China has phased out all pesticides containing persistent organic pollutants (POPs) by May 17, as required by the Stockholm Convention, Vice Minister of environmental protection, Zhang Lijun said in Beijing on Monday.
The production, sale, use, import and export of chlordane, mirex and DDT, three kinds of pesticides listed in the Convention, have been banned in China from May 17.
Persistent in the environment, POPs can travel vast distances through air and water, and are highly toxic. Exposure to POPs can lead to serious health effects including cancer and birth defects.
With help from the United Nations Development Program and the World Bank, China has started projects to introduce alternatives to these pesticides, such as comprehensive termite treatments, according to Zhang.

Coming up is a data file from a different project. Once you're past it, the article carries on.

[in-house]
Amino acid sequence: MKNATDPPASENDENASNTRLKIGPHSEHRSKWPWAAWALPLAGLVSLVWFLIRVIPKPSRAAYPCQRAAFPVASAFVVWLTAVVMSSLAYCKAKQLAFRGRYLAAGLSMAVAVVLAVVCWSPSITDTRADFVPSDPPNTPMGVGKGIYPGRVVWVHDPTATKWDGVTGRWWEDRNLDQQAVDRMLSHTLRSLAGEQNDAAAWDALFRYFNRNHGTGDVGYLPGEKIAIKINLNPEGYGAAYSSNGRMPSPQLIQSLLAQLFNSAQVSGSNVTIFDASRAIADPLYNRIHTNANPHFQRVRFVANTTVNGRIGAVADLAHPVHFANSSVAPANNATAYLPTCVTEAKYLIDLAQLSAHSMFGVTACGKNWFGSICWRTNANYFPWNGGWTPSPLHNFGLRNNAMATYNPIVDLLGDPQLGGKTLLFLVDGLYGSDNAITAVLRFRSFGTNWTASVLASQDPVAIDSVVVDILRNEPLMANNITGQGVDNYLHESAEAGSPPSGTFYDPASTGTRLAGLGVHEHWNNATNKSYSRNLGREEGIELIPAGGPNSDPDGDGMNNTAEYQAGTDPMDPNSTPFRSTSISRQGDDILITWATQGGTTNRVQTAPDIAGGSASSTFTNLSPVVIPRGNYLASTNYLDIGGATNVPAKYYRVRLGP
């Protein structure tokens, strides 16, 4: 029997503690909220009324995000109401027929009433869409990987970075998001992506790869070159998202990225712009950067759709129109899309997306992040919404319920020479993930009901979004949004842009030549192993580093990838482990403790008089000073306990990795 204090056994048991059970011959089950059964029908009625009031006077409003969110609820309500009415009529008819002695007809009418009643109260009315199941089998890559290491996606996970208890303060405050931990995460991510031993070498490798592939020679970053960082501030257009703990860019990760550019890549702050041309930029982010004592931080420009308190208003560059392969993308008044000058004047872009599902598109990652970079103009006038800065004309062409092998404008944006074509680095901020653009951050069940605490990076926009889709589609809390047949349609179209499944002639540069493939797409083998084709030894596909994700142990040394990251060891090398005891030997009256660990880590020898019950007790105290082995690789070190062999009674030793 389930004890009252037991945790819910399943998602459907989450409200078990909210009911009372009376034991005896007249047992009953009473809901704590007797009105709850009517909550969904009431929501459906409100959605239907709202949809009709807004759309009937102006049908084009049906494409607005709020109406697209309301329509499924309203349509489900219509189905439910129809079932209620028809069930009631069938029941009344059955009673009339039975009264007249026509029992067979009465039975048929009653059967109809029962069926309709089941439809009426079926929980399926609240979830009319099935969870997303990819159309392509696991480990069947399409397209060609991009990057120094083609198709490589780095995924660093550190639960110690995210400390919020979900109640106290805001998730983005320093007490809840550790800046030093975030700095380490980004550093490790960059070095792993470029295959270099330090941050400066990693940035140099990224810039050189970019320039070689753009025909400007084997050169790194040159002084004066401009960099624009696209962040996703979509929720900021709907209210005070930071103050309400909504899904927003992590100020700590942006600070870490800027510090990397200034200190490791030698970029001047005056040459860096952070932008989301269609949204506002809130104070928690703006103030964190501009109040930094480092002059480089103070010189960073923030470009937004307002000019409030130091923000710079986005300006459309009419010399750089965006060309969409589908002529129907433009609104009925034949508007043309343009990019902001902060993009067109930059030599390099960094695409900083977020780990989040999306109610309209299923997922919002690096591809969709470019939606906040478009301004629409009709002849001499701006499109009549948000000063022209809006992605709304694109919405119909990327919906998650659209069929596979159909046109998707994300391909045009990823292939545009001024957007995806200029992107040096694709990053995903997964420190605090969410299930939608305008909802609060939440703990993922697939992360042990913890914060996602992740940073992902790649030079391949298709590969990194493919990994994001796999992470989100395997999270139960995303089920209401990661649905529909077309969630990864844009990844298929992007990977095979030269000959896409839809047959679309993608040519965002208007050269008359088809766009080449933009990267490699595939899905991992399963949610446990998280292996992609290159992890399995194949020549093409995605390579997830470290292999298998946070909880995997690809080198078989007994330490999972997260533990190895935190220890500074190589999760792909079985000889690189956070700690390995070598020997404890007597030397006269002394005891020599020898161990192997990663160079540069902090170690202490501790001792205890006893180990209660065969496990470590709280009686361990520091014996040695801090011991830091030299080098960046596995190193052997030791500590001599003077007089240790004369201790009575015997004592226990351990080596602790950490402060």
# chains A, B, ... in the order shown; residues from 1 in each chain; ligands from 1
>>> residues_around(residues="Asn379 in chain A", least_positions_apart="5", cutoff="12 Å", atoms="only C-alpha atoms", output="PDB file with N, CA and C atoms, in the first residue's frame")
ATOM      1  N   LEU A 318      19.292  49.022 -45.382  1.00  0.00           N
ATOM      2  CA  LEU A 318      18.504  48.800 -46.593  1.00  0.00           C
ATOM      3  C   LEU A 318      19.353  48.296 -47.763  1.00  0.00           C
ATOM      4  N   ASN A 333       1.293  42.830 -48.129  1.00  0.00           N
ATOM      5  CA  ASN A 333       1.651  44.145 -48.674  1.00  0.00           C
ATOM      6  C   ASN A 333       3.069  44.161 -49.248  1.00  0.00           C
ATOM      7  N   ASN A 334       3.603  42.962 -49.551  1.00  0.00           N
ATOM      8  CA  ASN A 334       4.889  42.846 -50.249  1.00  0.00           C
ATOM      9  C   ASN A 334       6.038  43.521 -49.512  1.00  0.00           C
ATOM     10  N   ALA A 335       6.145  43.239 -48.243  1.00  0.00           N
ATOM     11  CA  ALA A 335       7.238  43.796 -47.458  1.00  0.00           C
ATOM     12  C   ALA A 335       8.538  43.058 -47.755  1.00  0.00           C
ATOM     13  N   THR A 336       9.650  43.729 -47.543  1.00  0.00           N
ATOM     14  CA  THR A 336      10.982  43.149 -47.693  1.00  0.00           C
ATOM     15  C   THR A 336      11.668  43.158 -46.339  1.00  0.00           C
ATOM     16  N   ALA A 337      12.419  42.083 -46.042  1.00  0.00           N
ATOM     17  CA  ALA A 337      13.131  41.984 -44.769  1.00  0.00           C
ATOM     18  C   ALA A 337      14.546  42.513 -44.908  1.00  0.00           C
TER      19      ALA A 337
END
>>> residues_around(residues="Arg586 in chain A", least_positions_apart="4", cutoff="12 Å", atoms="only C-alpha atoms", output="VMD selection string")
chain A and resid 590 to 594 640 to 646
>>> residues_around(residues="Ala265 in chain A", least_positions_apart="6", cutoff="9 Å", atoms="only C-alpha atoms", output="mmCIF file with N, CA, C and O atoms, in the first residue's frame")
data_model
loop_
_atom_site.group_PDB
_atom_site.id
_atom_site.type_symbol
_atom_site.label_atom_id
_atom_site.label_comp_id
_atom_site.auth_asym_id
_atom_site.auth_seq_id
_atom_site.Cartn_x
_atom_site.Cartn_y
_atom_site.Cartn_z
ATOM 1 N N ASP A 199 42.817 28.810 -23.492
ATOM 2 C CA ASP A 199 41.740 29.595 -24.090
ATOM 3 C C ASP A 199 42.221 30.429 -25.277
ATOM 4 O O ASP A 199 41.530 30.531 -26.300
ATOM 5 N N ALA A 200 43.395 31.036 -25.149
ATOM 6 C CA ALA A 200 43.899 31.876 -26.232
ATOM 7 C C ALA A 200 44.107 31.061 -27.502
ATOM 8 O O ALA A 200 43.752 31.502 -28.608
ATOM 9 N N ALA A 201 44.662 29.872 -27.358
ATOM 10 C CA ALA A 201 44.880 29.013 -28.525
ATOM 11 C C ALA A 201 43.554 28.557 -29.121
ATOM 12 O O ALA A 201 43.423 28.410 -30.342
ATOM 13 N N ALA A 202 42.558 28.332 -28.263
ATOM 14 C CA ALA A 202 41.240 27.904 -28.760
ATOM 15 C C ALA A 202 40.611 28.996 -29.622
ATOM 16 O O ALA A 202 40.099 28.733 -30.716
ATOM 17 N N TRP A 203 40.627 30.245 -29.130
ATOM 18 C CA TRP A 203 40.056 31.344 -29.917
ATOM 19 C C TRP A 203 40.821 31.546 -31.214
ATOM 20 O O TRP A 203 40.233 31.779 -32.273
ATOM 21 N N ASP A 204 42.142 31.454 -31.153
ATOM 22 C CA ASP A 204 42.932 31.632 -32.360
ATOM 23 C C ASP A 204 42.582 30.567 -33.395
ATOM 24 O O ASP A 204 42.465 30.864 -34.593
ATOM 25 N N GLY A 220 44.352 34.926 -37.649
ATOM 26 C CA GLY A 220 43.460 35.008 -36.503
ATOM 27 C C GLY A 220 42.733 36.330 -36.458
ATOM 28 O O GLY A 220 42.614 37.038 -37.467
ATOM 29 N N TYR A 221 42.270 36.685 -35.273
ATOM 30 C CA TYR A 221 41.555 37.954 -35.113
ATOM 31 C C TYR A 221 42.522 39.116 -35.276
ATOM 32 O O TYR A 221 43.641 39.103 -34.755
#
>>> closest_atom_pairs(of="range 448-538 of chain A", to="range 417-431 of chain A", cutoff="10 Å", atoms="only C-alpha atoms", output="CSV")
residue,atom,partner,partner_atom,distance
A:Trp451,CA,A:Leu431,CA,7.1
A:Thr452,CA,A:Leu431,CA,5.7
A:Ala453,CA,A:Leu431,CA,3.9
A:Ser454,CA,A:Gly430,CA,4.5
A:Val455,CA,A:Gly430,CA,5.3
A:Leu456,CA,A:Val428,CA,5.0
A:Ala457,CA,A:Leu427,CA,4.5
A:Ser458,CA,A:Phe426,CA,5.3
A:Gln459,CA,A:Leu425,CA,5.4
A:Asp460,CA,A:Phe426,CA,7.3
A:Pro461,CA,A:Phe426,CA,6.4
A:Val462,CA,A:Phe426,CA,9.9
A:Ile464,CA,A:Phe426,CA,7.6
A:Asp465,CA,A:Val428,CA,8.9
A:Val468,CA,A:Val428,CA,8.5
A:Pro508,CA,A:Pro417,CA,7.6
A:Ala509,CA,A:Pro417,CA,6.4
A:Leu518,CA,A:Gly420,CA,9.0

The Stockholm Convention is an international agreement on reducing POPs initiated in 2001. In implementing the Convention, governments will take measures to eliminate or reduce the release of POPs into the environment. A total of 164 countries have joined the Convention.
China was among the first countries to join the Convention in 2001. The country's Standing Committee of the National People's Congress approved it in 2004.